Date of Award
Croft Institute for International Studies
The Syrian civil war created millions of refugees who are internally displaced across Syria and in surrounding host countries. The use of violence and forms of warfare against the Geneva Convention make this crisis particularly traumatic for civilians, leading to high rates of PTSD and depression among the refugee population. Relying on concepts of structural violence and the ecology of health, I justify the use of a psychosocial framework to build refugee crisis response in Jordan. I performed ethnographic fieldwork to collect data in the form of stakeholder and care provider interviews and training manuals, and I analyzed and critiqued issues around implementing the psychosocial care framework. In this study, the results fell into four, broad categories: the stigma associated with mental illness and stress-related conditions, the view of mental health and psychosocial care as non-traditional medicine, the sheer scale of psychosocial care needed, and legal issues of providing these services in Jordan. These results led to conclusions that psychosocial care implementation will likely require cultural perceptions around mental illness to change and a large commitment by host countries and the international community must be made. New innovations in medical technology and better understanding around mental illness will ease and improve the implementation of a psychosocial care infrastructure that reduces suffering from mental illness.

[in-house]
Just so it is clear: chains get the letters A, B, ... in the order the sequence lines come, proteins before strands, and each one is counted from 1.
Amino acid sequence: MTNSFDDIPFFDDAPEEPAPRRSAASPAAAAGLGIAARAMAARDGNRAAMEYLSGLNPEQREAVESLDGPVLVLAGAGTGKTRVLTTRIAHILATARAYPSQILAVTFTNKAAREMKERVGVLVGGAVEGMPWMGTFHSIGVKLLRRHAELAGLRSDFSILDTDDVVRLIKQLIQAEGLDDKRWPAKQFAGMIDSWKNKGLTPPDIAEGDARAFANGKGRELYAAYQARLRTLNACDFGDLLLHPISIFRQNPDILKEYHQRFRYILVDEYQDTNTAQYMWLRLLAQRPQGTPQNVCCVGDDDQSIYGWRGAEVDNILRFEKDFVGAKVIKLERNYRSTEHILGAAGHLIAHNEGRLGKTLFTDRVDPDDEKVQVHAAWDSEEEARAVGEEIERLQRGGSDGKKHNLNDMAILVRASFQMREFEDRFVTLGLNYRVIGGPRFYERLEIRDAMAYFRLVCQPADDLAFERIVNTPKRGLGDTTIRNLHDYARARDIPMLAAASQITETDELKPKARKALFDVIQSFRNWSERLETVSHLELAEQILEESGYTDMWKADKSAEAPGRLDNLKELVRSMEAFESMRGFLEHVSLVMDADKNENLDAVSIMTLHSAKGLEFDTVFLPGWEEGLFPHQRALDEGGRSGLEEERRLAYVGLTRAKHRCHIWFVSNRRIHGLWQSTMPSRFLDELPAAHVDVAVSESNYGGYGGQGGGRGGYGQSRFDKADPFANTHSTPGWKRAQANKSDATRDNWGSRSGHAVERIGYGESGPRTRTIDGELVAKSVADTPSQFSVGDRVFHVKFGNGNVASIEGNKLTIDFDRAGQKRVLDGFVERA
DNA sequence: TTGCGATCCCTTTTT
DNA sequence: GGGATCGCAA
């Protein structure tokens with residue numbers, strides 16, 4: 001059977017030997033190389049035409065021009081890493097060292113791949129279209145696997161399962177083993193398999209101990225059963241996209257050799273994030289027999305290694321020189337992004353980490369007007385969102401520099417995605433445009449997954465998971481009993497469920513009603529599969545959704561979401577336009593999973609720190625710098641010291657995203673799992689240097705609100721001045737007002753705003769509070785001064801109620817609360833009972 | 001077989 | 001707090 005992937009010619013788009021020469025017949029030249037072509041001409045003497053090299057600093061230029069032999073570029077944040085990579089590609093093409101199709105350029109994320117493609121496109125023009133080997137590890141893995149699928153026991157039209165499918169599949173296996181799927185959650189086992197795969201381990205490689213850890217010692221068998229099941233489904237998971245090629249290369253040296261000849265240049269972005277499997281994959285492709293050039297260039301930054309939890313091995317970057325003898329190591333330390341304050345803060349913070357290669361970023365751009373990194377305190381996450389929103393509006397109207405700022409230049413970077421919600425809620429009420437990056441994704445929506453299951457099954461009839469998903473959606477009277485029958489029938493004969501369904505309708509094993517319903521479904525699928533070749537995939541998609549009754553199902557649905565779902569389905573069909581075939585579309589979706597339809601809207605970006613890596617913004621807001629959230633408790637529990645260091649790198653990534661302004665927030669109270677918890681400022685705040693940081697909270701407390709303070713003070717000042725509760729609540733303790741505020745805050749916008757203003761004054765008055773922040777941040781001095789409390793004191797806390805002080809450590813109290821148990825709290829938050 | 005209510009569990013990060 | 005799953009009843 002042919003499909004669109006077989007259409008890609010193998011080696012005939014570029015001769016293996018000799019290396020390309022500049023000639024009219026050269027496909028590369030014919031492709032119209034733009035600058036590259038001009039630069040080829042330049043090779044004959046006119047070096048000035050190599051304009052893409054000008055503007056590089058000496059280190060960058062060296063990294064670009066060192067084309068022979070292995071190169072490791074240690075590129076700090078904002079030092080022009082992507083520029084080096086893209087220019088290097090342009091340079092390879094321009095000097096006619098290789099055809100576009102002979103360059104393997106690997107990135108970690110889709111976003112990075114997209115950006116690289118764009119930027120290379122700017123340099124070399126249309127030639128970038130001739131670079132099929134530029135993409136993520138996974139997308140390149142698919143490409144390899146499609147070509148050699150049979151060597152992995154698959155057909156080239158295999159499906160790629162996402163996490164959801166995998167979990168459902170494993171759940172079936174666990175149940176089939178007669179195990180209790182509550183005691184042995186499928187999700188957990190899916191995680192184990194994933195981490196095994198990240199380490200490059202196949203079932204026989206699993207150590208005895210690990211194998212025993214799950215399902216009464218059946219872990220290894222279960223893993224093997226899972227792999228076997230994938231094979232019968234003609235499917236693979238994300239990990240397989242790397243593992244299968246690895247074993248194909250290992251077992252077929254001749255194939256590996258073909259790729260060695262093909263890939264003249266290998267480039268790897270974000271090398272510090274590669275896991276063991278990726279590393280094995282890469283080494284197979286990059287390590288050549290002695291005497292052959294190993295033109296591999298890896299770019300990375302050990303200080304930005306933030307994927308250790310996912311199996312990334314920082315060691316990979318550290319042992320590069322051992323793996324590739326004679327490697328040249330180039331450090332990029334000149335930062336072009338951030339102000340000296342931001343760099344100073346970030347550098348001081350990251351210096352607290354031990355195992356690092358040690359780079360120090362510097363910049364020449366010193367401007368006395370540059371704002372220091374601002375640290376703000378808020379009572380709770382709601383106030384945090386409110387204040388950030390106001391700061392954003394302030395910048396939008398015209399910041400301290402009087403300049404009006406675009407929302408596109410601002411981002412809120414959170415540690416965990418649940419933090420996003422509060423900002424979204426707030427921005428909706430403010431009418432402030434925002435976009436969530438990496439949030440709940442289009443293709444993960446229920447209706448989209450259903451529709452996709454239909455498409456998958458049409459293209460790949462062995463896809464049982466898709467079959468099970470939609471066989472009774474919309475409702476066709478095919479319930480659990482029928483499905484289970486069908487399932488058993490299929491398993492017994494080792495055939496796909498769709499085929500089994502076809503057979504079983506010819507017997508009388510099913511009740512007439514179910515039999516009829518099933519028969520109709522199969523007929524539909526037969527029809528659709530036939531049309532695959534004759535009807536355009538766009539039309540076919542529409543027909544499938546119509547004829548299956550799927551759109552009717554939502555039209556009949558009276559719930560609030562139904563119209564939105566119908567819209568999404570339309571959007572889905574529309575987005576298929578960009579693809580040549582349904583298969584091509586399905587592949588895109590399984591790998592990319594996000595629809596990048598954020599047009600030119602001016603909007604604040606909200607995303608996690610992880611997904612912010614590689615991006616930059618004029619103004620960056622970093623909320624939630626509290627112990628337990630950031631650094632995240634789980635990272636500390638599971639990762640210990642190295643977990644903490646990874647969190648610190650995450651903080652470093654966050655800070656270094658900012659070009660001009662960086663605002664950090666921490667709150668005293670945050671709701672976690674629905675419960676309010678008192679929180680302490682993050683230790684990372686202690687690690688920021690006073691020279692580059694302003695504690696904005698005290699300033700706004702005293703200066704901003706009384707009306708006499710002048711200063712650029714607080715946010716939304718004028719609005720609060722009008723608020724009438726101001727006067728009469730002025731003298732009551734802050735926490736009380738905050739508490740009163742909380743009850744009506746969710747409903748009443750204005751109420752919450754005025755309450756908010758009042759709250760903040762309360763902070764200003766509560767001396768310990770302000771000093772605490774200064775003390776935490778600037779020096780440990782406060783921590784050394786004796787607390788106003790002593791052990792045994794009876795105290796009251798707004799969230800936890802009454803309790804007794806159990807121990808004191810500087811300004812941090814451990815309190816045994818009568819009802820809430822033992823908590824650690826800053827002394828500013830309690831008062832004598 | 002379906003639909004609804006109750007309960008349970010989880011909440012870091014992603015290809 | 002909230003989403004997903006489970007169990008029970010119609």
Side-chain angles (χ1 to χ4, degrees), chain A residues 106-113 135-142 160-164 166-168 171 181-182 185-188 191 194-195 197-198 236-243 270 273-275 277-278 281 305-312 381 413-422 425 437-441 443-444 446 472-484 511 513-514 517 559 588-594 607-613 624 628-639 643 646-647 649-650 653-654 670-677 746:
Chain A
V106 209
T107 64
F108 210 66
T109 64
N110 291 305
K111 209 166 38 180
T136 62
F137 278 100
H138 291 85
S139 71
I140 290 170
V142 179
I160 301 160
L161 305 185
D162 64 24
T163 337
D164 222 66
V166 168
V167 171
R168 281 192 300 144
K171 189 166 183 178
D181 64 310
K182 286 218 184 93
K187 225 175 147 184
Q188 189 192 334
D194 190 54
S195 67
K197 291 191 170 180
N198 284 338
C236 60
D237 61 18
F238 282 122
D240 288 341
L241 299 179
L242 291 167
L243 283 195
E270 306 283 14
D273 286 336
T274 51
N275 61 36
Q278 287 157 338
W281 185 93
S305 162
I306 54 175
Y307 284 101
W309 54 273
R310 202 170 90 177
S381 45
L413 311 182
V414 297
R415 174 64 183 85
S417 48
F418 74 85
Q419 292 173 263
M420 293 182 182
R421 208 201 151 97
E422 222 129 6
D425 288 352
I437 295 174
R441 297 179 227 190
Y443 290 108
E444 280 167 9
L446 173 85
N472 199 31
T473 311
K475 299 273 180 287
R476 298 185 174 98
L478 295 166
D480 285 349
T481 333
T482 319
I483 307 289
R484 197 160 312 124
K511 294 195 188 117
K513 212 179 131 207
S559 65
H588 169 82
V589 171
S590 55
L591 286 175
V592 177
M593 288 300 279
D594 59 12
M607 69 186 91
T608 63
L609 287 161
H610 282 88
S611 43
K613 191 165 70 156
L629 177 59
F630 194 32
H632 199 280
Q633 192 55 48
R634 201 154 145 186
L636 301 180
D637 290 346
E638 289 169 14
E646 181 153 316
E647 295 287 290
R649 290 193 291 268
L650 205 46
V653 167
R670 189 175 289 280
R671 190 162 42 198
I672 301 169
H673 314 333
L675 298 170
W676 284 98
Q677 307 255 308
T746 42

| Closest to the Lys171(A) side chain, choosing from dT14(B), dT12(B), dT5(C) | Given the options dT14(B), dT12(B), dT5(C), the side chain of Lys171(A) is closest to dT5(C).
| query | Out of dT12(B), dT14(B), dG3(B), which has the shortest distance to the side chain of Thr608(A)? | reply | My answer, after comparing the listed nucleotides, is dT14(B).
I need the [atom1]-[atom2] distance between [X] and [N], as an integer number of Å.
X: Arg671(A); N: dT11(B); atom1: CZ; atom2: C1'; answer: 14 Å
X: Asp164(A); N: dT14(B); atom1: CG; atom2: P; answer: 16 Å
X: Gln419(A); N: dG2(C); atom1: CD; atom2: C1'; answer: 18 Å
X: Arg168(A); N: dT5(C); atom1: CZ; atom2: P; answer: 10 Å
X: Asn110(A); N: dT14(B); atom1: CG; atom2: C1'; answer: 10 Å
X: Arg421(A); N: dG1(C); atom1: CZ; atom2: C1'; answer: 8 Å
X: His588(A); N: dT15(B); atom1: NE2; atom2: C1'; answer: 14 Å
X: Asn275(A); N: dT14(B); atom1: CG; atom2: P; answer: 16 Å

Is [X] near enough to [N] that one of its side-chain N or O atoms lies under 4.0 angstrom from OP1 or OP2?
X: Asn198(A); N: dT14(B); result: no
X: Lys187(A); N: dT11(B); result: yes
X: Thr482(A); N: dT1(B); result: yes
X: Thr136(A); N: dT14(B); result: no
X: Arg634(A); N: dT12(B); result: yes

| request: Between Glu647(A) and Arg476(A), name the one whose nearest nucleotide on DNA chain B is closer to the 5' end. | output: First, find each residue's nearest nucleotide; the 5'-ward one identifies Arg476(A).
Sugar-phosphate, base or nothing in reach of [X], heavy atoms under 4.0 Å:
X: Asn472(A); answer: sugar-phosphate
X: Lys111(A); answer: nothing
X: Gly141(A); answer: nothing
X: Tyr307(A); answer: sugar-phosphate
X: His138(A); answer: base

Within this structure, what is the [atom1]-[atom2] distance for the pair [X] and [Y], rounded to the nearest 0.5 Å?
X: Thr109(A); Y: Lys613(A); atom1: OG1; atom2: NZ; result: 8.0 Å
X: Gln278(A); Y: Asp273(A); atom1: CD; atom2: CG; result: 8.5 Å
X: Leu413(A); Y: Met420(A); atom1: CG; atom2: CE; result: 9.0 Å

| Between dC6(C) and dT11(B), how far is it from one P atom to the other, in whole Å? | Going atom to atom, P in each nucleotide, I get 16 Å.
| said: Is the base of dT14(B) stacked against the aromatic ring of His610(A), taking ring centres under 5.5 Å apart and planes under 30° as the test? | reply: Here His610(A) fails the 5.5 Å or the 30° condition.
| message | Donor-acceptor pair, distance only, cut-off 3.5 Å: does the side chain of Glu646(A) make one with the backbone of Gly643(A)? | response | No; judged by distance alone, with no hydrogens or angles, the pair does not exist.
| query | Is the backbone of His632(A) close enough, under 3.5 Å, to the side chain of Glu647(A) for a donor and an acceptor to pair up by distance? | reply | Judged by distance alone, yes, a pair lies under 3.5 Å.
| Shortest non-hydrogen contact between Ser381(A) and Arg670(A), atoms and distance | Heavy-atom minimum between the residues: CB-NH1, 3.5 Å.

Richmond, Miller, "Psychosocial Care in the Syrian Refugee Crisis" (2017). Honors Theses. 711.